Reviews provided by RottenTomatoes
At the Movies:
James gives it everything he's got, totally committing to the character and delivering clean comedy which often times is often more difficult than creating just a raunch-fest.
New York Times:
Directed by Steve Carr, a man who knows how to put a camera in front of things, if little else, and written, sort of, by Nick Bakay and Mr. James.
To call this Kevin James comedy fatuous might be misinterpreted as an attack on the star's girth -- so how about inane, tepid, lazy, puerile, phony, and unfunny?
It's just not particularly funny. That Segway, alas, only goes so far.
A shamelessly sentimental comedy with a few crude gags thrown in arbitrarily.
Give this to Paul Blart: Mall Cop: It delivers on everything it promises. Which is to say, nearly nothing.
It's unlikely that even WALL-E could bring himself to scoop up this movie and leave it on his post-apocalyptic junk heap.
Los Angeles Times:
[The film] oo often settles for easy, lazy jokes, most of which revolve around either food or running into stuff.
Sensationally stupid, haphazardly made and qualifying as unmitigated trash by any standards, Paul Blart: Mall Cop also manages to be consistently hilarious, thanks to star Kevin James.
[Kevin James] proves to be a warm leading man who grounds the movie as it morphs into a loopy heist thriller after a promising start as something entirely different: a gentle comedy of suburban underachievement.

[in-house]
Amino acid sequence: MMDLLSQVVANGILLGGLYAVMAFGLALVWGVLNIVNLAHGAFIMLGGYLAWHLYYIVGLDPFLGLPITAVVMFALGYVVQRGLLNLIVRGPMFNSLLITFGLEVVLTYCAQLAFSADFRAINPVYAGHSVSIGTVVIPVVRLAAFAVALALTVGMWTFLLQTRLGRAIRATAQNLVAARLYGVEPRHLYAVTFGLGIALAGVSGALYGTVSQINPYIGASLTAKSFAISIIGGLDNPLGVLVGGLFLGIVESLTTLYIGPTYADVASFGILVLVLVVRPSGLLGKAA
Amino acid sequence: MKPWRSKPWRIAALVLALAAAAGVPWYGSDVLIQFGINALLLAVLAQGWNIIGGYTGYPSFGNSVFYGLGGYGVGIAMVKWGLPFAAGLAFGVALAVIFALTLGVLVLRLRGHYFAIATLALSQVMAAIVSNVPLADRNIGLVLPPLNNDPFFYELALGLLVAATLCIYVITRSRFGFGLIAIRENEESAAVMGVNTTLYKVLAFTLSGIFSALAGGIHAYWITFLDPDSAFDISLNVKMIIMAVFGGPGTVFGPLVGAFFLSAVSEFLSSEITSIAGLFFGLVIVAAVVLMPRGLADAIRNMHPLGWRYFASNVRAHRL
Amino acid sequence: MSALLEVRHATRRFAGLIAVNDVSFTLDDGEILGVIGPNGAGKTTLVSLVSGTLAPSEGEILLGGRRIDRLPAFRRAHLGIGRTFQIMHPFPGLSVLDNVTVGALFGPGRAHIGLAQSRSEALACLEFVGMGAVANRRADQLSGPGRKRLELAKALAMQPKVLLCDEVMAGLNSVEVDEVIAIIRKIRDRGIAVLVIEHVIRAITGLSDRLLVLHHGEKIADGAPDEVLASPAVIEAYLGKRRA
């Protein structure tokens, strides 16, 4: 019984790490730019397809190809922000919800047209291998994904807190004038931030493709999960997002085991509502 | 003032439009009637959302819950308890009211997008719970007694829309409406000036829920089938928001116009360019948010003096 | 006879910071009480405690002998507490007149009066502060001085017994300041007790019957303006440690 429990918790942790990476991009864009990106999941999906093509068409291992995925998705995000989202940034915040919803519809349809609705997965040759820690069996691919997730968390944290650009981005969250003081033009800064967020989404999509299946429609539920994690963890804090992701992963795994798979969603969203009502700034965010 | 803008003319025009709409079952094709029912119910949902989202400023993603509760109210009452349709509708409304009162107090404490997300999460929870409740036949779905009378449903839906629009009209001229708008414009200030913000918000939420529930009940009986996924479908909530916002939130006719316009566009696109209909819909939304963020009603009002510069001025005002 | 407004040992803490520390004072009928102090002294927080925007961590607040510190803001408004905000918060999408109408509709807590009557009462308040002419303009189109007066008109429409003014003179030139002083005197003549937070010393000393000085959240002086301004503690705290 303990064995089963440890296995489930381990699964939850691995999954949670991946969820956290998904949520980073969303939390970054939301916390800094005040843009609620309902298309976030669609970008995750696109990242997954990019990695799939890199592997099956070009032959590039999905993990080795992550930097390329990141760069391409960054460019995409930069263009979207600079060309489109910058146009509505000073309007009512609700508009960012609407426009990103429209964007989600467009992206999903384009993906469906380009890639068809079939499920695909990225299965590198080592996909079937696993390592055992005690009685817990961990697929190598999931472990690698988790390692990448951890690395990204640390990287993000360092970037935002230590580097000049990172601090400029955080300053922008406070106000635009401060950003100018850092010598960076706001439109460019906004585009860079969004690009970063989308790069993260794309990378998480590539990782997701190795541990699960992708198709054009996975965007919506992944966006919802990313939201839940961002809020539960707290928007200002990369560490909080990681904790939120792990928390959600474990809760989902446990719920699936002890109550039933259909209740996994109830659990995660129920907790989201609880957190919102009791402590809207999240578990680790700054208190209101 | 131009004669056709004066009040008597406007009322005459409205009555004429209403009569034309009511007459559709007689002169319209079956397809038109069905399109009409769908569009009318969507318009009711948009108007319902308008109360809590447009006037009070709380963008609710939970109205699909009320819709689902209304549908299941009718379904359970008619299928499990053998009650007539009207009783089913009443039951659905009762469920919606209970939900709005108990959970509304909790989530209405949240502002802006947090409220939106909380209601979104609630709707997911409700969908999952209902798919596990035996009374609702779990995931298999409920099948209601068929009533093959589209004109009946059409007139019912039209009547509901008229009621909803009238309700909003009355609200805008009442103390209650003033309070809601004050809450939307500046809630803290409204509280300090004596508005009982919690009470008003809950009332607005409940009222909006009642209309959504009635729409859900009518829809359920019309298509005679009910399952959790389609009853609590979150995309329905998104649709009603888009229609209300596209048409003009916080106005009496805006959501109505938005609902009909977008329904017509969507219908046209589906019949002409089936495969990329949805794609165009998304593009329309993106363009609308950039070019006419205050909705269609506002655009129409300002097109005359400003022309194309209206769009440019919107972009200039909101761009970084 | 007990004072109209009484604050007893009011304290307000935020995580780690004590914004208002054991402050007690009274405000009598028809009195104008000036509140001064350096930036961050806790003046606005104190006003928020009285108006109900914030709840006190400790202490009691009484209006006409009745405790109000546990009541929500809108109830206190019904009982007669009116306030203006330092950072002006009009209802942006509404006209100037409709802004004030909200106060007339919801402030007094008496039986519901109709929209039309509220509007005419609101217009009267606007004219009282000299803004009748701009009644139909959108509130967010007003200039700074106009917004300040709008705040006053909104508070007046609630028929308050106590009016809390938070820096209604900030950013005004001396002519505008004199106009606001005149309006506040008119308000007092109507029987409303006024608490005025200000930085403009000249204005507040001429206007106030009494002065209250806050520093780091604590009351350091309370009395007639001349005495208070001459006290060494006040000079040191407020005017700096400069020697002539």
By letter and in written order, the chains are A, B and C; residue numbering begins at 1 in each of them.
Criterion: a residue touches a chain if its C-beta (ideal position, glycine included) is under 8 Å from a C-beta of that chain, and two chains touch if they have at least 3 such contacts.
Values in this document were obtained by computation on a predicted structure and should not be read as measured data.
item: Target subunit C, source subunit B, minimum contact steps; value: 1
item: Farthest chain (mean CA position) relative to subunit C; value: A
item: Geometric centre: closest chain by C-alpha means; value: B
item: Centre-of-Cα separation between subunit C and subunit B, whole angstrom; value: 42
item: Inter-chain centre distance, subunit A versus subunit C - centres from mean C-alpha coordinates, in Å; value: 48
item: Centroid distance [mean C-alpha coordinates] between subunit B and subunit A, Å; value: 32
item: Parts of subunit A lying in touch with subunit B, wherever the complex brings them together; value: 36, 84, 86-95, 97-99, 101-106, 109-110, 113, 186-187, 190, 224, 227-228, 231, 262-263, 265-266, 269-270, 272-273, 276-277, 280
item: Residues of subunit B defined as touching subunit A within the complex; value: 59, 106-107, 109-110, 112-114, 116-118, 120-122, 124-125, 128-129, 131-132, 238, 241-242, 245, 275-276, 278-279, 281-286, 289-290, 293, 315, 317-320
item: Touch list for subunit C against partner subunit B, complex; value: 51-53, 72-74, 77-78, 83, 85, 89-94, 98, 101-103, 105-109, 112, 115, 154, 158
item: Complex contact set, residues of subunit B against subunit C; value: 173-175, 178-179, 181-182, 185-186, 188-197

In places the plot sags a bit and some jokes don't quite hit their mark or tickle the funny bone as much as they're obviously meant to.
[James] plays yet another misfit, but one who's so two-dimensional, needy (and frankly annoying) that it's difficult to root for him.
This isn't brain surgery; this is daffy entertainment that plays to its strengths, with director Steve Carr trusting in James' deadpan earnesty
Luke Y. Thompson,
Somewhere beneath its mediocre comedic trappings, there's a decent action movie trying to fight its way free.
The thin comic appeal of Kevin James is laid on a bit thicker in Paul Blart: Mall Cop, his first solo star vehicle for the big screen.
The film is completely forgettable, frequently funny and weirdly satisfying in a Jersey Loser Gets Respect kind of way.
It's a juvenile motion picture designed primarily for a juvenile audience. But there's a little more here than one might reasonably expect.
Paul Blart: Mall Cop is a slapstick comedy with a hero who is a nice guy. I thought that wasn't allowed anymore.
San Francisco Chronicle:
I suppose the food equivalent would be that nacho cheese that comes in a can with little chunks of jalapeno mixed in.
As cheapo larks go, it's a winningly unassuming one: no stars, no big action set pieces. Just a fat guy, a near-empty mall, and a lot of really ridiculous ideas.
Globe and Mail:
James, at his best when he lets loose, plays his character a little too straight and so loses some of the movie's comic potential.
The last name Blart may be the funniest thing in the movie, so that's a hint as to just how bad this shopping-center saga can be.
An almost shockingly amateurish one-note-joke comedy on which the star also shares writing and producing credit.
[Has] such obviously humble intentions that busting on it is a bit like harassing the junior high school outcast who just wants to eat his tater tots in peace.